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Valentina was 13 years old—the same age as Anne Frank during the Holocaust—when the genocide began in Rwanda. Valentina’s family was Tutsi, the ethnic minority targeted during the genocide. Because of this, as news of the mass killings spread, her family made the difficult decision to leave their home. They packed what few belongings they could fit in their suitcases and walked to the safest place they could think of—their community church. Thousands of other Tutsi families joined them, praying that they would be safe.
In just a matter of days, Rwandan soldiers and mobs of civilians, including Valentina’s own neighbors, had surrounded the church. Armed with grenades, clubs, and machetes, they systematically killed the men, women, and children hiding inside.
Valentina watched in shock as her parents were brutally murdered. With death seeming inevitable, she lay down next to her parents’ lifeless bodies, hoping to die. This saved her life. The militias mistook her for dead and, soon, left the church.
Valentina hid in this church, among the dead bodies of her family, her friends, and her neighbors, for 43 days. At times, she thought about leaving. But since most of her family members had been murdered and her community had been completely destroyed, she didn’t know where else to go.
Today, Valentina lives here, in the United States. Although still haunted by the horrible memory of the genocide, Valentina considers herself lucky because she survived. Up to one million others did not. This unimaginable number doesn’t even begin to take into account the millions of people forced to flee their homes, the hundreds of thousands of women and girls who were raped, or the many orphans who were left behind.
We like to tell ourselves that genocide is rare. But, in reality, Rwanda is one of many countries where genocide took place during the past century. In fact, more people were killed in genocide during the 20th century than in that century’s world wars.
We may never know the impact that this tremendous loss has had on our world. Just think of the people—killed by genocide—who could have been scientists, artists, activists, teachers, or a student like Valentina is today.
This loss of lives—and in turn loss of culture—must be stopped. I believe that it can be. In fact, it is OUR responsibility to eradicate genocide—yours and mine.
This is a huge responsibility, to say the least. In order to do this, in order to eradicate genocide, we have to know at least three main things: 1) what it is; 2) why it happens; and 3) how to respond.
Let’s begin with a reasonable definition of genocide. Although genocide has existed for centuries, and even has occurred here in the United States, the term genocide is relatively new. A Polish-Jewish lawyer named Rafael Lemkin created the concept in the wake of the Nazi Holocaust.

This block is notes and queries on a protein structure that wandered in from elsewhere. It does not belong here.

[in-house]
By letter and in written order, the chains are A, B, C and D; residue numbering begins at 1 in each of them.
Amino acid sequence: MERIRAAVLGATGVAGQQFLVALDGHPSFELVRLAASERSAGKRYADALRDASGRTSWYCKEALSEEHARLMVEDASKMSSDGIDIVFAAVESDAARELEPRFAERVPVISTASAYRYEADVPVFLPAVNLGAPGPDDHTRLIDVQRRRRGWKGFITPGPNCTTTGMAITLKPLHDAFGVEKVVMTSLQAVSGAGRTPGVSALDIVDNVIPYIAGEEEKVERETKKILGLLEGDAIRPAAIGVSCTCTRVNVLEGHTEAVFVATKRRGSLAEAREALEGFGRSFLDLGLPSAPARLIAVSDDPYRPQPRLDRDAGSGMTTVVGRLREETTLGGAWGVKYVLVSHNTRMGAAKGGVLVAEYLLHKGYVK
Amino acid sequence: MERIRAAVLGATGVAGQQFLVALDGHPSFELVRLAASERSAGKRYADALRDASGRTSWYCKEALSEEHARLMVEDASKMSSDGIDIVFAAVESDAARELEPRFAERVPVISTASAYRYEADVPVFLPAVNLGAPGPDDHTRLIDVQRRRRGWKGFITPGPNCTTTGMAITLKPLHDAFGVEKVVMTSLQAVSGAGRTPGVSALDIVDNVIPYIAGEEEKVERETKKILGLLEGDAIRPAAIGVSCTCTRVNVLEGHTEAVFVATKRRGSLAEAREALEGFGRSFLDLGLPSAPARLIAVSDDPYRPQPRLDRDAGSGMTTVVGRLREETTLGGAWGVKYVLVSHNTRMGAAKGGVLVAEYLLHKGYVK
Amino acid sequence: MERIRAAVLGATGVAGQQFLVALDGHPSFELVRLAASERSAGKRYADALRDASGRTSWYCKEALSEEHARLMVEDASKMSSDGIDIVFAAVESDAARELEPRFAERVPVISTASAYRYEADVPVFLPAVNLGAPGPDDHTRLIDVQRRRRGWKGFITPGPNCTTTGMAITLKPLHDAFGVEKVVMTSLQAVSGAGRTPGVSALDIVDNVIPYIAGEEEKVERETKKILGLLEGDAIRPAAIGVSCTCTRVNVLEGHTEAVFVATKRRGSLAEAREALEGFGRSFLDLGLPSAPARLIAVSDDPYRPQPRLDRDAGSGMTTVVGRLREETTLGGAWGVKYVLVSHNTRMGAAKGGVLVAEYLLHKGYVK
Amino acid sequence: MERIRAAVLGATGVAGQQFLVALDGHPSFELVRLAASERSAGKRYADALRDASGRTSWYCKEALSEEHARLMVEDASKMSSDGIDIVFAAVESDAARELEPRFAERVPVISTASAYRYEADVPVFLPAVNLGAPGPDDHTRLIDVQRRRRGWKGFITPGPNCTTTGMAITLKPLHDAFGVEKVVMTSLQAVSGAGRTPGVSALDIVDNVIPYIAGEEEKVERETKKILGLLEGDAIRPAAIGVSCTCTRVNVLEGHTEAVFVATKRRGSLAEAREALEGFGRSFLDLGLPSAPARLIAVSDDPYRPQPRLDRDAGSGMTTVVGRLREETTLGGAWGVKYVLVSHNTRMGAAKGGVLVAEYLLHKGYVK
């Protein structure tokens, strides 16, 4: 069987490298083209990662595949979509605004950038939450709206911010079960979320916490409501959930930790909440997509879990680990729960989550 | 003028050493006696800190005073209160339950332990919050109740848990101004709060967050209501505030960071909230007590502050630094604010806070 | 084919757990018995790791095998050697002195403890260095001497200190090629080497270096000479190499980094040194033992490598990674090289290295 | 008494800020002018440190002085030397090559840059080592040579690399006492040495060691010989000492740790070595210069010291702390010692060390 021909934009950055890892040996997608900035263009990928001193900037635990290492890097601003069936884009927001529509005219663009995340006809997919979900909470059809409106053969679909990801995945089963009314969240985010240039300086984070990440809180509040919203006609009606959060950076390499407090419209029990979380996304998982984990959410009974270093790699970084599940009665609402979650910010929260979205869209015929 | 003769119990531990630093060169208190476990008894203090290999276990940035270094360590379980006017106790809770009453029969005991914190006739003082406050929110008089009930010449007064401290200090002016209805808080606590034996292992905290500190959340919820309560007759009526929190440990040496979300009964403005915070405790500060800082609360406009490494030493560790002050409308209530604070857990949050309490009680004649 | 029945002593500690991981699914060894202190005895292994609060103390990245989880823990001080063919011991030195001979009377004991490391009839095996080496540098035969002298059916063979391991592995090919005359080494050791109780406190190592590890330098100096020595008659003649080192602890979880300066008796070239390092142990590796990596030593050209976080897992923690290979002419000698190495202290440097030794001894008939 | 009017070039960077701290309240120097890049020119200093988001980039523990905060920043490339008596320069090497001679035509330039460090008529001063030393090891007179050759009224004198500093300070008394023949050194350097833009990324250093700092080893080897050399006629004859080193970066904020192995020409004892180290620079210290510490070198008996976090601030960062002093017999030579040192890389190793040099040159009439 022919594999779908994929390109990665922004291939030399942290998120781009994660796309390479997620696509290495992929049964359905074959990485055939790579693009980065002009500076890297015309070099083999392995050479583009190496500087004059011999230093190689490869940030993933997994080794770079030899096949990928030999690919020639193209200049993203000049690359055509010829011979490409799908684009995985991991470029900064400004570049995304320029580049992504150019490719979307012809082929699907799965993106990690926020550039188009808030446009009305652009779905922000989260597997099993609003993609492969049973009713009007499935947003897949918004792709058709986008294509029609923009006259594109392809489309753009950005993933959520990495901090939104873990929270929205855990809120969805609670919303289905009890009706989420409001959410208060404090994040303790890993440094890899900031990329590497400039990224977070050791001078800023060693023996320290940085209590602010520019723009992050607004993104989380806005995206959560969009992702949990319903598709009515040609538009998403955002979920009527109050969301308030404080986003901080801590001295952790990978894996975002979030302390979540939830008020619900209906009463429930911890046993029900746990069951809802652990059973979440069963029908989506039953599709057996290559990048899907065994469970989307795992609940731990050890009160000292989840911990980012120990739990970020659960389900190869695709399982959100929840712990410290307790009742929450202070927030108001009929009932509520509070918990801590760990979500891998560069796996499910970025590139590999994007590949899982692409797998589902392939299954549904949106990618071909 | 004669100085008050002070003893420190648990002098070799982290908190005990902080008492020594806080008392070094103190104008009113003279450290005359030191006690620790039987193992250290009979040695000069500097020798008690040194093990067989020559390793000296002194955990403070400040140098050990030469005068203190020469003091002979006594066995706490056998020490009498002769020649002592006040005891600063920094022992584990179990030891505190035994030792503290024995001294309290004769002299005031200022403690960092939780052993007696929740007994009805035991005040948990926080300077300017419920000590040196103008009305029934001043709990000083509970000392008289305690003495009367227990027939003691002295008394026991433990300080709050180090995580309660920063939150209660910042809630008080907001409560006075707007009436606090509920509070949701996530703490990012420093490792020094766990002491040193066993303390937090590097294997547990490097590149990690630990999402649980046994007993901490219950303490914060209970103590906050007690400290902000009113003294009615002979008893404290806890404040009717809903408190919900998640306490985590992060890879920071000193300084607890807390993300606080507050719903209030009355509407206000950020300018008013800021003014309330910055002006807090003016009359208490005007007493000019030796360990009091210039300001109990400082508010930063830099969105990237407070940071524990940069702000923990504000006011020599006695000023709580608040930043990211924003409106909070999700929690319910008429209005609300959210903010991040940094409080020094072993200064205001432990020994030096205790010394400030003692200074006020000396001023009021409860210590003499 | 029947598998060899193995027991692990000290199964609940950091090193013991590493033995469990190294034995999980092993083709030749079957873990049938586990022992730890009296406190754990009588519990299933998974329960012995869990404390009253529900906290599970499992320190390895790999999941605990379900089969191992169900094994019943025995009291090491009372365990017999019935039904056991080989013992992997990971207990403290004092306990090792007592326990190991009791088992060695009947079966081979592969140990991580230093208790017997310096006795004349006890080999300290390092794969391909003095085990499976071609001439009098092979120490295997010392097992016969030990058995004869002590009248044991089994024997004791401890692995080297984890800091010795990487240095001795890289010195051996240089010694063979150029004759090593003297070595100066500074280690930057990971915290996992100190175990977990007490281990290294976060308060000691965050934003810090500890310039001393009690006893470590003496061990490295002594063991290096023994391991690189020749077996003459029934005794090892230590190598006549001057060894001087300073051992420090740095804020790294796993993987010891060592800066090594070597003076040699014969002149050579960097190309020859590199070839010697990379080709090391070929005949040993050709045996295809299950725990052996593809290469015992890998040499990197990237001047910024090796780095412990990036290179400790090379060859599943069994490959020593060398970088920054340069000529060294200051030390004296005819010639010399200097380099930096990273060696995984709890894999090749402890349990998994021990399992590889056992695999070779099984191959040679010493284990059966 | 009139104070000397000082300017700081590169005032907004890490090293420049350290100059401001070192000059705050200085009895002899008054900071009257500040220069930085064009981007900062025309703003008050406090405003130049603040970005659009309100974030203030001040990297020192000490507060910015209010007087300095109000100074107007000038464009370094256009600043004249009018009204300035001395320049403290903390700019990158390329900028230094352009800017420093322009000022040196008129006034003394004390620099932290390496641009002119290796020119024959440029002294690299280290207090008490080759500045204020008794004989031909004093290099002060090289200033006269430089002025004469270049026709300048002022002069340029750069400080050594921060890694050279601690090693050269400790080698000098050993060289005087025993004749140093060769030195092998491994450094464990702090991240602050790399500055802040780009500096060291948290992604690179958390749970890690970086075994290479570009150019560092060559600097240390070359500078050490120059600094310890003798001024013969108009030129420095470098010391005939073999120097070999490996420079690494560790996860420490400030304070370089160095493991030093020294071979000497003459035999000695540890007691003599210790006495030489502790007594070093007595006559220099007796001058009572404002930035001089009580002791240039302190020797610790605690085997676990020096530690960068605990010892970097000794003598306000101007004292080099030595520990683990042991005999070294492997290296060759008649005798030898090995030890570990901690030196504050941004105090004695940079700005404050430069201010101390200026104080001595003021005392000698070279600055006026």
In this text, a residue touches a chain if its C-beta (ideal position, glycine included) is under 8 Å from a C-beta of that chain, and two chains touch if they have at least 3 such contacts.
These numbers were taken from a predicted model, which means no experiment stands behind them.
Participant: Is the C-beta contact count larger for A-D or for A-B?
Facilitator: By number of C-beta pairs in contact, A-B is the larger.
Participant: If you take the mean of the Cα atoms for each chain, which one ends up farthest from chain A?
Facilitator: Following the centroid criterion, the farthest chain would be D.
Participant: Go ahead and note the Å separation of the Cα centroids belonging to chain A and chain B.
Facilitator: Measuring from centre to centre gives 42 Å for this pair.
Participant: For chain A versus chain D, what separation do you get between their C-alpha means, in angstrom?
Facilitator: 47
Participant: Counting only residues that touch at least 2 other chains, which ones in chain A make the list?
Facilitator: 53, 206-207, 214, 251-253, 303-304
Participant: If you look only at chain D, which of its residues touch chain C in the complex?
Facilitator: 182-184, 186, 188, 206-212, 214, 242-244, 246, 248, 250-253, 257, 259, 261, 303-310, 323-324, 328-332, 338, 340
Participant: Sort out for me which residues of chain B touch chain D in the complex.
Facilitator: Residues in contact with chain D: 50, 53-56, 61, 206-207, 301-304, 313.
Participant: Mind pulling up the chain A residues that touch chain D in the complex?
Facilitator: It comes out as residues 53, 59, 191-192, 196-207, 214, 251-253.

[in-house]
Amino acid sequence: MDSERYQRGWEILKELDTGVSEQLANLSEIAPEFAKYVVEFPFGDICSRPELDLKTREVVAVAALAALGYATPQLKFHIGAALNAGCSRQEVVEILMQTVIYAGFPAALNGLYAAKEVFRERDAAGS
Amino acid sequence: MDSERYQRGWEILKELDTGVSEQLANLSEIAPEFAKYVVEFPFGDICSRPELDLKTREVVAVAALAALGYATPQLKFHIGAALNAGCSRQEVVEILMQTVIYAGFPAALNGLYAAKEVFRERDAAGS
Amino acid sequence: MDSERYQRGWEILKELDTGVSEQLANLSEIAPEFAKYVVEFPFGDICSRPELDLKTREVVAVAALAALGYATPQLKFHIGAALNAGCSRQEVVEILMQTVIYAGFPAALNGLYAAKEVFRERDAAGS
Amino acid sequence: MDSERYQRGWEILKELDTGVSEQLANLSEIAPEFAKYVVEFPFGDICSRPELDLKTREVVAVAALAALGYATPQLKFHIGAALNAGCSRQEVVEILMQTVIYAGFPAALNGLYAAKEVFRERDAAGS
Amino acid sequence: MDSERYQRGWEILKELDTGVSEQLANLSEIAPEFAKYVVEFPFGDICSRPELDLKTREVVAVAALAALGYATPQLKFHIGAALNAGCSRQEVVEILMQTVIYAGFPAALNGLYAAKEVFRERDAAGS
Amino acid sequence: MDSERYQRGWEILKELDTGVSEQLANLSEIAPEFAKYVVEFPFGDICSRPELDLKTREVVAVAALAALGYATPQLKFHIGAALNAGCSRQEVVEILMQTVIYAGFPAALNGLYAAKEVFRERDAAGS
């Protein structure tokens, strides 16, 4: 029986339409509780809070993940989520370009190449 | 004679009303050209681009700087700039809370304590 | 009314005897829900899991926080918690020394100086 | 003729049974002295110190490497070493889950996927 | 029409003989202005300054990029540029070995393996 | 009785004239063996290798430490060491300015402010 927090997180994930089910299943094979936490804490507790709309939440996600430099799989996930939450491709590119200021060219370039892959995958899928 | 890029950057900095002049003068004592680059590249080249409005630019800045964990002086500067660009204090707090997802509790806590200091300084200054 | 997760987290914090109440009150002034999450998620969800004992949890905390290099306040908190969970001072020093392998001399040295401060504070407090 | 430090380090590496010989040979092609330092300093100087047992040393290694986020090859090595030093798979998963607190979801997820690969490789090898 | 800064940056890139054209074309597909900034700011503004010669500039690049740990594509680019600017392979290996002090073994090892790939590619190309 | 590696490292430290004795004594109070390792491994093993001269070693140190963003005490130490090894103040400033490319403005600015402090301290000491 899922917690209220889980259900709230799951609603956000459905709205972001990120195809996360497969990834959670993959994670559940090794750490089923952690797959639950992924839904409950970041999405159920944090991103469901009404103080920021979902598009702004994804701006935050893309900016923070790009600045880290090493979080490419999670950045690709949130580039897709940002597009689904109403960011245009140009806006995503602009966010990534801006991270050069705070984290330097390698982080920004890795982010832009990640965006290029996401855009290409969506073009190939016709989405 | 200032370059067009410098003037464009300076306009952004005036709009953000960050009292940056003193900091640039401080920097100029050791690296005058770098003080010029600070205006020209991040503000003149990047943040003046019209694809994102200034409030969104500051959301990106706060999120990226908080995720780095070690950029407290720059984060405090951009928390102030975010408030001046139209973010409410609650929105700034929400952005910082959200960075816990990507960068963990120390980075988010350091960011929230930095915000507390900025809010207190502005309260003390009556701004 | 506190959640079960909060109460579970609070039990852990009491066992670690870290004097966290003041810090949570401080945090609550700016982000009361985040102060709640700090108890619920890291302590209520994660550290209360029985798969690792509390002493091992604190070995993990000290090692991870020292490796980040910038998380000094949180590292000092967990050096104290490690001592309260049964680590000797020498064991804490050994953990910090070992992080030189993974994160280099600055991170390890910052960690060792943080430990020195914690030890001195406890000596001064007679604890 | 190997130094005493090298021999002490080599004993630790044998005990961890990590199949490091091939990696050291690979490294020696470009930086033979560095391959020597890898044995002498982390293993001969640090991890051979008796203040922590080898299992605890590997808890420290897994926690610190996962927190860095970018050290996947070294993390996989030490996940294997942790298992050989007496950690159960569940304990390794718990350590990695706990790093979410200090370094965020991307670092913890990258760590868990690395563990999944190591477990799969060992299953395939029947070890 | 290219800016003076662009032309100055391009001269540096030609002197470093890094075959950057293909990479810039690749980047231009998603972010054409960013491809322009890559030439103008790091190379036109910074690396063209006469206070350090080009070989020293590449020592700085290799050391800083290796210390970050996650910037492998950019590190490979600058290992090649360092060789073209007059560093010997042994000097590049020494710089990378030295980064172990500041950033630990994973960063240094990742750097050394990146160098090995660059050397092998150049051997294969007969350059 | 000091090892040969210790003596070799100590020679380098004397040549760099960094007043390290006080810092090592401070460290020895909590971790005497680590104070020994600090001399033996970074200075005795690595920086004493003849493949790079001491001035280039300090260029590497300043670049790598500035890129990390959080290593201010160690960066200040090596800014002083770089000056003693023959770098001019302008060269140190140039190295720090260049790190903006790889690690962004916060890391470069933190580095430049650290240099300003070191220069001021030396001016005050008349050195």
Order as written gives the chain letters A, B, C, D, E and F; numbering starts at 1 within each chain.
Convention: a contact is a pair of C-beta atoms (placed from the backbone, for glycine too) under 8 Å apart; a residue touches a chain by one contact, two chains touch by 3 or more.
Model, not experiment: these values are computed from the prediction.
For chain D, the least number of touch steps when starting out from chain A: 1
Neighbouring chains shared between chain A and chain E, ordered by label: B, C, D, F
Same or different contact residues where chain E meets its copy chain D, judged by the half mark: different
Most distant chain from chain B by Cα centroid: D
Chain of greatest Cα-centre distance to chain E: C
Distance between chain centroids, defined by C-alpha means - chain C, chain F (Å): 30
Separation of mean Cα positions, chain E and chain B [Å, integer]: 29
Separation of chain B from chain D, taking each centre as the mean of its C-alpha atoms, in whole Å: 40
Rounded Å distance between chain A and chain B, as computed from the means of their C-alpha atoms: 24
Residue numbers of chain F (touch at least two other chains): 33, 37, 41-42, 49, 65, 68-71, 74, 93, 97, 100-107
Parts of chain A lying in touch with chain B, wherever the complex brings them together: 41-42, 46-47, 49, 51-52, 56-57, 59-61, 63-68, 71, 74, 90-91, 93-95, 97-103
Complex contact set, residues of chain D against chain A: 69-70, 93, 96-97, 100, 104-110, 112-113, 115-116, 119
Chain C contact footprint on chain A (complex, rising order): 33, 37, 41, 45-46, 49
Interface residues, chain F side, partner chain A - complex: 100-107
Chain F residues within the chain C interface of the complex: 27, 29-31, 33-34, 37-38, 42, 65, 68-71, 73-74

Lemkin combined the Greek word “genos”—which means group—with the Latin suffix “cide,” which means murder. In its simplest form, Lemkin proposed that genocide is the conscious destruction of a group of people.
Lemkin worked tirelessly to promote his new concept—and succeeded. In 1948, many countries came together through the newly-formed United Nations to ratify an international treaty outlawing genocide. This treaty formally adopted Lemkin’s term in the wake of the Nazi genocide of the Jewish people. In doing so, it took the first step toward eradicating genocide—naming it.
The world leaders naming genocide also vowed to prevent genocide from occurring in the future. The phrase “Never again” echoed throughout the world, and they agreed that the world would not see genocide again. Today, the international community has failed to achieve that goal. In fact, right now, today, people in the Darfur region of Sudan are enduring genocide. This violence, which began in 2003, joins the growing list of genocides that have occurred since the Holocaust.
This means that while naming and recognizing genocide as an international crime was an important first step, it was simply not enough—we must also understand it, reject it as a matter of conscience and unite to prevent it. Baha’is believe that only world unity—the oneness of all people and all nations—can possibly bring those conditions about:
…until the minds of men become united, no important matter can be accomplished. At present universal peace is a matter of great importance, but unity of conscience is essential, so that the foundation of this matter may become secure, its establishment firm and its edifice strong. – Abdu’l-Baha, Selections from the Writings of Abdu’l-Baha, p. 297.
This essay came from a TED talk given by Hollie Nyseth Brehm which can be watched here.
Next: Why Genocide Happens, and What Can Stop It
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